• Minimum of 1 un-announced observation of 30 minutes or more to occur in an agreed upon one week window within the teacher’s first four months of teaching and approx. 60 days after the first observation
  • 1 additional un-announced observation of 30 minutes or more, OR 3 or more walk-through visits of ten minutes or more each
  • Tenured On-Cycle Teacher
  • Minimum of 1 pre-scheduled observation of 30 minutes or more
  • Minimum of 1 un-announced observation of 30 minutes or more to occur in an agreed upon one week window, OR 6 or more walk-through visits of a minimum of 5 minutes each
evaluation tool handout
Evaluation Tool - Handout
  • Focus Areas:
    • Admins will evaluate in at least ten total categories with a minimum of two per domain
    • Administrators will provide comments in the expandable table for each domain component used for evaluation
    • There is an opportunity for teacher comment within each domain
    • Administrators will comment on progress towards identified goals in the provided narrative space
evaluation tool rating
Evaluation Tool - Rating
  • Probationary Year 1 Effective = 100% of ratings in Rubric columns 2-4
  • Probationary Year 2 Effective = 100% of ratings in columns 2-4, 75% or more in columns 3 & 4
  • Probationary Year 3 Effective = 100% of ratings in columns 2-4, 90% in columns 3 & 4
  • Probationary Year 4 Effective = 100% of rankings in columns 3 & 4
  • Tenured Teacher Effective = 100% of rankings in 3 or 4. Any rankings in columns 1 or 2 result in an IDP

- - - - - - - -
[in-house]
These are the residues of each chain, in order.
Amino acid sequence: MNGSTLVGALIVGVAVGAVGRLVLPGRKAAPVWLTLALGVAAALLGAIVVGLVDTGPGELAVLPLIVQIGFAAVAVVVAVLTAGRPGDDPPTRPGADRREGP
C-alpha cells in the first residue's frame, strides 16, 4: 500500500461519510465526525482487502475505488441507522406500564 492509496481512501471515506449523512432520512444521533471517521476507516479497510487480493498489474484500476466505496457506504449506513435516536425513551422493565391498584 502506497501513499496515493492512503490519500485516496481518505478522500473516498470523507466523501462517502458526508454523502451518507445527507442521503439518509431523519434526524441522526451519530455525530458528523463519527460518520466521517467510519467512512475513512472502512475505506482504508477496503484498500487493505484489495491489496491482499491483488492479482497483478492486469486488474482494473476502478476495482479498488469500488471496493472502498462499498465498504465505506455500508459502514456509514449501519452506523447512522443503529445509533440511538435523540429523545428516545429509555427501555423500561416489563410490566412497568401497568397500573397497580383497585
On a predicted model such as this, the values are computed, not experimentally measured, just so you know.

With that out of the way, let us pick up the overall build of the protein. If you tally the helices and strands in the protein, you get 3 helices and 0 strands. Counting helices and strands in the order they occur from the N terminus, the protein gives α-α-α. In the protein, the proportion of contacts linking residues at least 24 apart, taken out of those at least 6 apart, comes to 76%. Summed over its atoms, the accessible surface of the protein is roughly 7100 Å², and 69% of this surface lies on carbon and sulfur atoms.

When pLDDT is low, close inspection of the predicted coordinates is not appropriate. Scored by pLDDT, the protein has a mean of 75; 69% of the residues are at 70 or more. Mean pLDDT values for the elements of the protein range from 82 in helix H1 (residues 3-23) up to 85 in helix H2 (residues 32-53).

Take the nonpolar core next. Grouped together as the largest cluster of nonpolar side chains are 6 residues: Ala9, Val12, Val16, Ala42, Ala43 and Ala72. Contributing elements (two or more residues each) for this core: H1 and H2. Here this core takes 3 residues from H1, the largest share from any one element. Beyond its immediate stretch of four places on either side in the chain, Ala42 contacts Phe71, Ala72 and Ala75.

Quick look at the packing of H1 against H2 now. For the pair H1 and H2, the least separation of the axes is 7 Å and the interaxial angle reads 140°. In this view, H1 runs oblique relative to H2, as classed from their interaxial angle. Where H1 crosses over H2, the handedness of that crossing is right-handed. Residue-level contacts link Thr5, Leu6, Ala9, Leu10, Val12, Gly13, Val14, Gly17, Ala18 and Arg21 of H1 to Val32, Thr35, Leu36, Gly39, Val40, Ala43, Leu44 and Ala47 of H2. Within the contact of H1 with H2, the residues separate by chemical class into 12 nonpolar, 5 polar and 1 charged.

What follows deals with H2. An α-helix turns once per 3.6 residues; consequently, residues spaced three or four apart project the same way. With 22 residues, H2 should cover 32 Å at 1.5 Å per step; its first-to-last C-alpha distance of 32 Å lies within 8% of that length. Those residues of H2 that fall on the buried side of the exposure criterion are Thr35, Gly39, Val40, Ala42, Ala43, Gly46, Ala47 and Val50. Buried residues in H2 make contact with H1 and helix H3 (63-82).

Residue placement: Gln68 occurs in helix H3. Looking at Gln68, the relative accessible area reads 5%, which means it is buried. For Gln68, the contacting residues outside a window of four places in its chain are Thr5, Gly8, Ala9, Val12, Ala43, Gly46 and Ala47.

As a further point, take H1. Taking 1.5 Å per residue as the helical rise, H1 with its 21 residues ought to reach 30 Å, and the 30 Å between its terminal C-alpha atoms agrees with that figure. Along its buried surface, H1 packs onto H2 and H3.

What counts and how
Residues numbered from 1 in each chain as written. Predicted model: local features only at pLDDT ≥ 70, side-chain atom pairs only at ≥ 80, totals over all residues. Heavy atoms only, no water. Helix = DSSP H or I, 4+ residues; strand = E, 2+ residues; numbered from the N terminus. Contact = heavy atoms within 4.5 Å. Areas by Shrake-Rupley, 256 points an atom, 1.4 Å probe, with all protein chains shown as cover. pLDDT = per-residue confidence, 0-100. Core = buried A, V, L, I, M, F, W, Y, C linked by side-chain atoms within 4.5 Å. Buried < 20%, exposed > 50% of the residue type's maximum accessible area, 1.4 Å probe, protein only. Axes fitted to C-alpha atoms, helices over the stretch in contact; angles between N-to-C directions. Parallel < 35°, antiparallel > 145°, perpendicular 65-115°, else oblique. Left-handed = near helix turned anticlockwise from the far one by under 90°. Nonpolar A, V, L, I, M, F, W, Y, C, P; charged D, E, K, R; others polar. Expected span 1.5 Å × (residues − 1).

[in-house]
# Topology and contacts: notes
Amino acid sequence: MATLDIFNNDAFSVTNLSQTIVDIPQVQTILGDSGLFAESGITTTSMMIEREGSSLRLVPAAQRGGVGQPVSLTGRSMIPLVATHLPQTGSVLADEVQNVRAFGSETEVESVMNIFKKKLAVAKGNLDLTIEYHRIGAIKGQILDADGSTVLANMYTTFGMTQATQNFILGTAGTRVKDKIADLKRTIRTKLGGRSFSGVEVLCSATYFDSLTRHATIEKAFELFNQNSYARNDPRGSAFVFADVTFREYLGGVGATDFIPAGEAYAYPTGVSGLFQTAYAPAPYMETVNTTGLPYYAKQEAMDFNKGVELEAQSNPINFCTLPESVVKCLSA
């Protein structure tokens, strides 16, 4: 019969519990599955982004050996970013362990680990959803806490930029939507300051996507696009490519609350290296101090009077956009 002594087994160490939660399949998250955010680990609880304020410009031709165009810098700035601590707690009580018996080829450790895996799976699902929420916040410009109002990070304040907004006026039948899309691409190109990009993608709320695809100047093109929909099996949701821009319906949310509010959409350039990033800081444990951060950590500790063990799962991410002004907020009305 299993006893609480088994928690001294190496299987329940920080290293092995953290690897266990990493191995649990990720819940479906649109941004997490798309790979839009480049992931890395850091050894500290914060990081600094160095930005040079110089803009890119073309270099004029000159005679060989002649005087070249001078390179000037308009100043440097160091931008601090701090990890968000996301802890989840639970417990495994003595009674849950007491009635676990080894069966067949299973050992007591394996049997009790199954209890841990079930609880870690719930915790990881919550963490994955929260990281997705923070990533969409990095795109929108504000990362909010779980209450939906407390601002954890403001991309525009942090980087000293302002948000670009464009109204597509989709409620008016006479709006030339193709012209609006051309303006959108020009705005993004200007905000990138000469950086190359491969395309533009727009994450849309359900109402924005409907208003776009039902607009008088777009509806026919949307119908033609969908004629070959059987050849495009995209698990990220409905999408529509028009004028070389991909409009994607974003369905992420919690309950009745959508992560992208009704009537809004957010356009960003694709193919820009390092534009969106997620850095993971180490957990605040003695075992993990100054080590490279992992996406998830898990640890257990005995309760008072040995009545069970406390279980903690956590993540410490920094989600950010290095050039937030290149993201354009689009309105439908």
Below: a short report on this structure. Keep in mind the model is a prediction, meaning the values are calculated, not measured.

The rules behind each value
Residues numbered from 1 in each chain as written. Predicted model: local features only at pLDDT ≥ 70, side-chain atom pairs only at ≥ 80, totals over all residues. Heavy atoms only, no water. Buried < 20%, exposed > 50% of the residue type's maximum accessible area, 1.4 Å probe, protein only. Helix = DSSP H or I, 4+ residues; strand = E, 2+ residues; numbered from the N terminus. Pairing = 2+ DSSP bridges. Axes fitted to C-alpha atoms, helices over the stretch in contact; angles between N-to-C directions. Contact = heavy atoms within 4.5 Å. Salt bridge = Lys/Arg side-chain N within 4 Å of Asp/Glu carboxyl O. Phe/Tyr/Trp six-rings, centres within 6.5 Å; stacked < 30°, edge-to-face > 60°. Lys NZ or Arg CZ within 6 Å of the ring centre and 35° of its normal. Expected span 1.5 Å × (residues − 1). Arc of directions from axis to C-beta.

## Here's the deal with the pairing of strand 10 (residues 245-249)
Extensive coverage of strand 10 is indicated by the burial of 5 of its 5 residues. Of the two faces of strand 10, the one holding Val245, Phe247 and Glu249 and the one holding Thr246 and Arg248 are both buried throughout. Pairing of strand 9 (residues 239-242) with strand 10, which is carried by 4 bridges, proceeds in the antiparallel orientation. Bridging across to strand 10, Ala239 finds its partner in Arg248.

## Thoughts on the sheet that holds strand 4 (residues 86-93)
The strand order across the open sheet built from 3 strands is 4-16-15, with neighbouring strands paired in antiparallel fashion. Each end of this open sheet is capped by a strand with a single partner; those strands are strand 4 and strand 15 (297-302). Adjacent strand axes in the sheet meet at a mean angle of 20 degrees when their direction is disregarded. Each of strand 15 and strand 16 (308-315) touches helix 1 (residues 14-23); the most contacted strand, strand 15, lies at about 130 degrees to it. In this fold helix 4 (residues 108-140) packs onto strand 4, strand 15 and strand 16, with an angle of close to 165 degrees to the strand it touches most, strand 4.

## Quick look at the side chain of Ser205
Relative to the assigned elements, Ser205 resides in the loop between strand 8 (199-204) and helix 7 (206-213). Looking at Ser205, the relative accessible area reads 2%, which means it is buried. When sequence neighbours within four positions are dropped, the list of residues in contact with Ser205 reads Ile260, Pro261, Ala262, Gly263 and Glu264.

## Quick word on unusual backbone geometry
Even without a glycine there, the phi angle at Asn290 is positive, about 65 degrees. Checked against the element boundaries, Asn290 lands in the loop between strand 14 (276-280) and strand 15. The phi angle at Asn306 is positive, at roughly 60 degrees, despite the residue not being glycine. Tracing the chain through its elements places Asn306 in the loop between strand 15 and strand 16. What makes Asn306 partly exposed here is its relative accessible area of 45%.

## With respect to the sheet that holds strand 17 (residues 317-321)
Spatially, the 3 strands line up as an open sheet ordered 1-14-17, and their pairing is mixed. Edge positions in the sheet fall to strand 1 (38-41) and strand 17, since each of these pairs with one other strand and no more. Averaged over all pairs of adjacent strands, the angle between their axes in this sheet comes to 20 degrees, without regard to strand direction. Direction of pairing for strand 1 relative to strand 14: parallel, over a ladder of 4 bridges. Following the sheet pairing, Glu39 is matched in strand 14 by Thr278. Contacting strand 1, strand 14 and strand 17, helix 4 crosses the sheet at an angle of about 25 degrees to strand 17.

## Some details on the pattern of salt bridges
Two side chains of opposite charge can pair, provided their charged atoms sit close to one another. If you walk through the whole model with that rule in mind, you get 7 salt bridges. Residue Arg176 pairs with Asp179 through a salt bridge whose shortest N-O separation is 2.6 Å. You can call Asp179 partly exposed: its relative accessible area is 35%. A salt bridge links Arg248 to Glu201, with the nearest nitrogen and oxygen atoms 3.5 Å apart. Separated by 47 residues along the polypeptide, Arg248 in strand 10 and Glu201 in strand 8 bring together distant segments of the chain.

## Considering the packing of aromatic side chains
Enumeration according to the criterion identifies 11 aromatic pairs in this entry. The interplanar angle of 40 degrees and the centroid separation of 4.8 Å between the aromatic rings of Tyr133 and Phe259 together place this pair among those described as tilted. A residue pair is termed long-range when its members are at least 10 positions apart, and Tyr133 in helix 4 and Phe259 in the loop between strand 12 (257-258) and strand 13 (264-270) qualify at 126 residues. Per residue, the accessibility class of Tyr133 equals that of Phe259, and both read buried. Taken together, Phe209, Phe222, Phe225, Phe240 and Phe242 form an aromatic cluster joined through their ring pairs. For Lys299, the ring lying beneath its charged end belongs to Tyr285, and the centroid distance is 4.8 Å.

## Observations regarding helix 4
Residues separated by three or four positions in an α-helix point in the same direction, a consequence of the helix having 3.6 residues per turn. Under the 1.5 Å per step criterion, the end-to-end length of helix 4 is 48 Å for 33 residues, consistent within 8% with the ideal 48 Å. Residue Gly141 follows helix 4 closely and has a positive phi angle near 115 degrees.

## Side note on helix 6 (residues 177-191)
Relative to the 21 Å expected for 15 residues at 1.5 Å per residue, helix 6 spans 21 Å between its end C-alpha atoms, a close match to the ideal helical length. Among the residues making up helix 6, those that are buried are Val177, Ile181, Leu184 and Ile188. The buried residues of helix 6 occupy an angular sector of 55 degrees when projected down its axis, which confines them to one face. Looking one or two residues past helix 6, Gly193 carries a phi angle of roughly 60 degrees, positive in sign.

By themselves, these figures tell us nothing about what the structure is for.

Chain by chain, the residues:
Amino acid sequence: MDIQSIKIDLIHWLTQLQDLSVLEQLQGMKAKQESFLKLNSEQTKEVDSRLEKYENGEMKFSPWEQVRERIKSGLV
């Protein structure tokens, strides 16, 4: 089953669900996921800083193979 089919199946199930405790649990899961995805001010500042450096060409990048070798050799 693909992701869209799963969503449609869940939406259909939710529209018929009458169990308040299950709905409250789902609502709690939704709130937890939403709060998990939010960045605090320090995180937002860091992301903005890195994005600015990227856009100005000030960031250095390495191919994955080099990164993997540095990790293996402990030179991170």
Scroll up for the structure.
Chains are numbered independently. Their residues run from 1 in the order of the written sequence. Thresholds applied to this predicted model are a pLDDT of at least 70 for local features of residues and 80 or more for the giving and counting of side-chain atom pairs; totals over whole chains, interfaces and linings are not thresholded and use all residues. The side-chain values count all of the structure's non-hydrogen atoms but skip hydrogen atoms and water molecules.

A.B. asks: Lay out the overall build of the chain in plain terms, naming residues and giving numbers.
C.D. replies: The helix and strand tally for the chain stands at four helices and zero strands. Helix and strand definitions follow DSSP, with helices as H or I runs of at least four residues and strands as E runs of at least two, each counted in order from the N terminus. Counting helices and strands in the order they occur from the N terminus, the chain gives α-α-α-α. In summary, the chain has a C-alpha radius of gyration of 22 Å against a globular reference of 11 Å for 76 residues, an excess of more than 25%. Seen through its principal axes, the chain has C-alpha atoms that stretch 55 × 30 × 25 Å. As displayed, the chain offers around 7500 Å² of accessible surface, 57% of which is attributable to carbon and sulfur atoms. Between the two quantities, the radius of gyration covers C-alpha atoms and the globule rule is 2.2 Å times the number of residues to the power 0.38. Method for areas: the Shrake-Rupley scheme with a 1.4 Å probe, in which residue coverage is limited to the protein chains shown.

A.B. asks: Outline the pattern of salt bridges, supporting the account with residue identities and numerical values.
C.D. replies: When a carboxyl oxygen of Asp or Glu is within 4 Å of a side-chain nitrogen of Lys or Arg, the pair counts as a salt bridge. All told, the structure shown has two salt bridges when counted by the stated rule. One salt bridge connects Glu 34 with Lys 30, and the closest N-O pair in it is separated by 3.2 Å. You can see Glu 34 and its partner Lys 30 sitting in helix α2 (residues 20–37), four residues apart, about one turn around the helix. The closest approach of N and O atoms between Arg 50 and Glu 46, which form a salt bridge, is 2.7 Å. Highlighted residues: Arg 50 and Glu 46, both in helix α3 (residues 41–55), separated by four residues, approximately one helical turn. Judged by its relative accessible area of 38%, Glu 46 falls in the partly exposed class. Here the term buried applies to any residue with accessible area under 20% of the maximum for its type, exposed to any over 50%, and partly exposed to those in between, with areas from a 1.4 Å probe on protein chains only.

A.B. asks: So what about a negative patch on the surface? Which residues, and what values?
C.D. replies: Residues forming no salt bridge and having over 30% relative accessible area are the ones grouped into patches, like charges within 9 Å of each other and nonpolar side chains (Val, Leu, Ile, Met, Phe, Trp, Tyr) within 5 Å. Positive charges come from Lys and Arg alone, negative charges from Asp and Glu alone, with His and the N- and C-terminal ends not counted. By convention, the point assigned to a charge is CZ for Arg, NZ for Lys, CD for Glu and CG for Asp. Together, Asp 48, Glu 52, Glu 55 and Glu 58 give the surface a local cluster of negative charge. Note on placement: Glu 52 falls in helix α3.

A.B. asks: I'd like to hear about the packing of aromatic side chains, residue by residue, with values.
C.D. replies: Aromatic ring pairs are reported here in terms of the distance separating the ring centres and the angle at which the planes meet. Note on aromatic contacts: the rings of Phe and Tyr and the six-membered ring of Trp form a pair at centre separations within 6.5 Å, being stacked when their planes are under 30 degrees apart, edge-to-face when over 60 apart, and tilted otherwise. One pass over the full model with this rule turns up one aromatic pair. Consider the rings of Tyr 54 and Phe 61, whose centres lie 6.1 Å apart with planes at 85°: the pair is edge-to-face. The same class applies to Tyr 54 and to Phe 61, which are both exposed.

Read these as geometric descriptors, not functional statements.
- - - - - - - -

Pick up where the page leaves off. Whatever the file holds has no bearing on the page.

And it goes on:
• For a rating of “Effective” or “Highly Effective”, a teacher must have made measurable progress towards identified goals.
interim annual evaluation process for off cycle tenured teachers
Interim Annual Evaluation Process for Off-Cycle Tenured Teachers
  • Michigan law requires annual evaluation of teachers and administrators. In GP tenured teachers will continue to be on a 3 year evaluation cycle. In interim years, the following process will be used:
    • Email notification of assigned evaluator.
    • Minimum of one un-announced classroom observation of 30 minutes or more, OR 3 walk-through observations of 5-10 minutes each.
    • Teacher self-reflection on the year.
    • Evaluator narrative summary of observations in writing by May 31st.
handouts include
Handouts Include:
  • GPPSS Format for Effective Teacher Evaluation
  • Definition of Terms
  • Teacher Evaluation Report
  • Probationary and Tenured Checklists
  • Domain rubric
slide44
Goal

The goal is effective, dynamic instruction that leads to growth in student achievement. This is intended to be a collaborative process built on a researched model to enhance professional practice.